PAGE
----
There’s nothing quite like a homemade, farm fresh meal. The comforting smells of Saturday morning eggs and toast can wake up the deepest sleepers and bring them running to the table. This weekend, why not try some fresh eggs from the FFA to get a taste of what fresh really means? FFA is currently keeping 13 hens on the agricultural field and collecting and selling eggs.
“All FFA members in Mr. [Dennis] Pearson’s agriculture class feed them and water them,” freshman Haley Clegg said. “When they lay the eggs, we place them in the cartons to sell.”
About half of the laying chickens were purchased from the Warrenton co-op as pullets (female chickens about 20 weeks old, which have not begun to lay eggs), but the other half came from closer to home.
“We also hatched some of our eggs last year, and raised them in the incubator in the horticulture room,” Pearson said. “But since we’re in the town of Warrenton, we don’t have a rooster [to prevent] noise complaints.”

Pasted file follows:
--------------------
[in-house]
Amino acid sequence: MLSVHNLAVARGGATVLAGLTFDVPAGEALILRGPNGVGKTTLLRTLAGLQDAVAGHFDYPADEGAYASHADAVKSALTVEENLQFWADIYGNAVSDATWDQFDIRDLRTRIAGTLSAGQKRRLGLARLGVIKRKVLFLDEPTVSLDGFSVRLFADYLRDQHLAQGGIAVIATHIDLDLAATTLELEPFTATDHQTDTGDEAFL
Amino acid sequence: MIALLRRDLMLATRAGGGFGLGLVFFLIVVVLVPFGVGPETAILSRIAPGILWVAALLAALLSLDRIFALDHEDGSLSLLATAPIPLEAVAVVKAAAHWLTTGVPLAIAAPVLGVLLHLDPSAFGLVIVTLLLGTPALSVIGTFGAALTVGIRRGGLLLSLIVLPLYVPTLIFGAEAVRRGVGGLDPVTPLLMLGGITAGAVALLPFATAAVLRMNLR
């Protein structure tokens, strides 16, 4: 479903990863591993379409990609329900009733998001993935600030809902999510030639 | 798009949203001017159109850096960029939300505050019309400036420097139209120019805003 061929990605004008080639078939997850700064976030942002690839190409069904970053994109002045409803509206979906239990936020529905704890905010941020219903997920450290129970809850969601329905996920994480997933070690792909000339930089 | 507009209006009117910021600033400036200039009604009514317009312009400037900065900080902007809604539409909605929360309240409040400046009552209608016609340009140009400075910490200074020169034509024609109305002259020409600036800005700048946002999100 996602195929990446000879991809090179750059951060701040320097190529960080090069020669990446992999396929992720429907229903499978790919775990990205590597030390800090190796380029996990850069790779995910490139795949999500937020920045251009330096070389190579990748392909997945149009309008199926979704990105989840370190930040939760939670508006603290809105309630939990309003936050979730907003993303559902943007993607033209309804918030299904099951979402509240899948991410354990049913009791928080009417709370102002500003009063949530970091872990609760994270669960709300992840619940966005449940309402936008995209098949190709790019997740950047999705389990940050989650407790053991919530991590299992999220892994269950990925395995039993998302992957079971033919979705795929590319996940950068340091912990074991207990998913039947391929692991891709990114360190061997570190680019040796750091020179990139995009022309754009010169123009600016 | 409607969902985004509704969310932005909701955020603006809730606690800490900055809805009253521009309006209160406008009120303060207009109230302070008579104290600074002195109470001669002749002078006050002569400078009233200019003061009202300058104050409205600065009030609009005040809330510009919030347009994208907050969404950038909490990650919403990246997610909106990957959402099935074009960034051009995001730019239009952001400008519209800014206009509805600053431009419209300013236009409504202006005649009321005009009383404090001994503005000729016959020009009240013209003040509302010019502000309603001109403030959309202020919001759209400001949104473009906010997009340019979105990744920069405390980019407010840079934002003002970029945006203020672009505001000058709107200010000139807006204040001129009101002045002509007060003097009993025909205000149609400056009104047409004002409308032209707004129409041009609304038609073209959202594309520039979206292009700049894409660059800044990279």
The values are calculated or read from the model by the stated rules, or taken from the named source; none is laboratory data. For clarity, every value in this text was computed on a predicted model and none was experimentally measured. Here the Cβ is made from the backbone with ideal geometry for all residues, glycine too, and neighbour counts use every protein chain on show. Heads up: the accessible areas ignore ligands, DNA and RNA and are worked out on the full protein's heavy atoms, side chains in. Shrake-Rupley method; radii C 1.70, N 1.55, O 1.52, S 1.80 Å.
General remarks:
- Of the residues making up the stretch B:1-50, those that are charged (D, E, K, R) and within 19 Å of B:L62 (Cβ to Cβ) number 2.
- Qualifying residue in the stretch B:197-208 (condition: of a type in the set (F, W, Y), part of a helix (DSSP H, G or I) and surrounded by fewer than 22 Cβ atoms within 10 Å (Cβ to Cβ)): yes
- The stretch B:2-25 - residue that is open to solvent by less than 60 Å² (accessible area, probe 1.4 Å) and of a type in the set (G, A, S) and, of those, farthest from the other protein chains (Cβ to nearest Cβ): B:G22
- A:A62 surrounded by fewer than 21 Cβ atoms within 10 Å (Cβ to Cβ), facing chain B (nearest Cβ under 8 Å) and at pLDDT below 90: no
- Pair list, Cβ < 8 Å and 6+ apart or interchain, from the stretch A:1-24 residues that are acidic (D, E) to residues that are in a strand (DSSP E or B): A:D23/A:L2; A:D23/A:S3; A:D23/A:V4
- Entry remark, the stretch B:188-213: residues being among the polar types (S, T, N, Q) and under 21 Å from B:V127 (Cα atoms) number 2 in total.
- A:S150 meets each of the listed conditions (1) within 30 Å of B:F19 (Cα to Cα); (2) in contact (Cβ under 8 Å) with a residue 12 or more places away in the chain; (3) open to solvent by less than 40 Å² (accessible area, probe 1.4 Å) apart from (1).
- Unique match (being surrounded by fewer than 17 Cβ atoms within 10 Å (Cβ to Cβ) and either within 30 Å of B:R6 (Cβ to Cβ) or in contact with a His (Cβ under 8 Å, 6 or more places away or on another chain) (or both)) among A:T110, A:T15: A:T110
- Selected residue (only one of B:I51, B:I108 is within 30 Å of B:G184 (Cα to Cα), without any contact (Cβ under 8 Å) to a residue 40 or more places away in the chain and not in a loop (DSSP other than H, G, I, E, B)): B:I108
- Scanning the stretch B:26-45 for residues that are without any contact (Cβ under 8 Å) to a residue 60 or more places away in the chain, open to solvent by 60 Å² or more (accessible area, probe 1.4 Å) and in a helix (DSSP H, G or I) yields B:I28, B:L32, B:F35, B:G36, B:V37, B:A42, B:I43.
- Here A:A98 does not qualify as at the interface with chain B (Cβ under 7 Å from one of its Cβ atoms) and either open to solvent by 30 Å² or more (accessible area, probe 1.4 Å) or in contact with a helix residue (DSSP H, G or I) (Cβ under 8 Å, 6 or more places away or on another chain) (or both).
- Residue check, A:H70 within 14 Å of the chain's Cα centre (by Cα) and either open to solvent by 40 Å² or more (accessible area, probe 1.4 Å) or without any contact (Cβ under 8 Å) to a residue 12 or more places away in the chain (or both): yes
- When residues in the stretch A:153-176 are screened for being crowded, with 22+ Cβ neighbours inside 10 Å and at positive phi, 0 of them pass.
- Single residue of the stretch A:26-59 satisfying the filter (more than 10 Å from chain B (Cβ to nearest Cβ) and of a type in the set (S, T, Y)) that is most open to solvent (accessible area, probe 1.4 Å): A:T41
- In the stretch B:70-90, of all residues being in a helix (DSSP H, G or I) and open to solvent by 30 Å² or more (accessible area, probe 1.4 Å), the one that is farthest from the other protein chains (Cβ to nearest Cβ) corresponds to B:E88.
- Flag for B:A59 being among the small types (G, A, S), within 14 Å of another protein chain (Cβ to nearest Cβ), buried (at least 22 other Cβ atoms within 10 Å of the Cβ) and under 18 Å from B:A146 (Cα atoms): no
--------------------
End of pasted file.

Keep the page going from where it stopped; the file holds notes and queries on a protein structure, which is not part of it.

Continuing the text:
The eggs, collected two to three times daily, are sold to teachers and students willing to buy. The hens currently lay 10-12 eggs per day, which are sold for $3 a dozen and $4 for an 18-pack. Flyers around the school advertise the sales. During the summer months, eggs are sold to the school board office.
“Whenever we bring in the eggs, they usually sell pretty quickly. They are usually gone by that day,” junior Elizabeth Barron said.
The chickens are fed a “balanced ration” of corn and soy beans also purchased at the Warrenton Co-op, according to Pearson. FFA has ensured that their birds remain cooped, but some feisty chickens rebel.
“We have electric poultry netting surrounding the coop that’s about three feet tall,” Pearson said. “Before they were clipped – you can actually clip a chicken’s wing to prevent them from flying– they were flying out. But we were able to catch them.”
While Pearson and FFA co-sponsor Susan Hilleary care for the chickens on weekends, Pearson’s agriculture class is currently preparing for the chickens’ summer vacation – freshman Kiersten Ball will care for the chickens over the summer. During vacation, eggs will be sold weekly to the School Board.
“You just need to make sure you manage them carefully, feed them, and water them properly,” Barron said. “It’s important because it teaches you how to raise animals and take responsibil- ity.”
~Eryka Hackett, staff reporter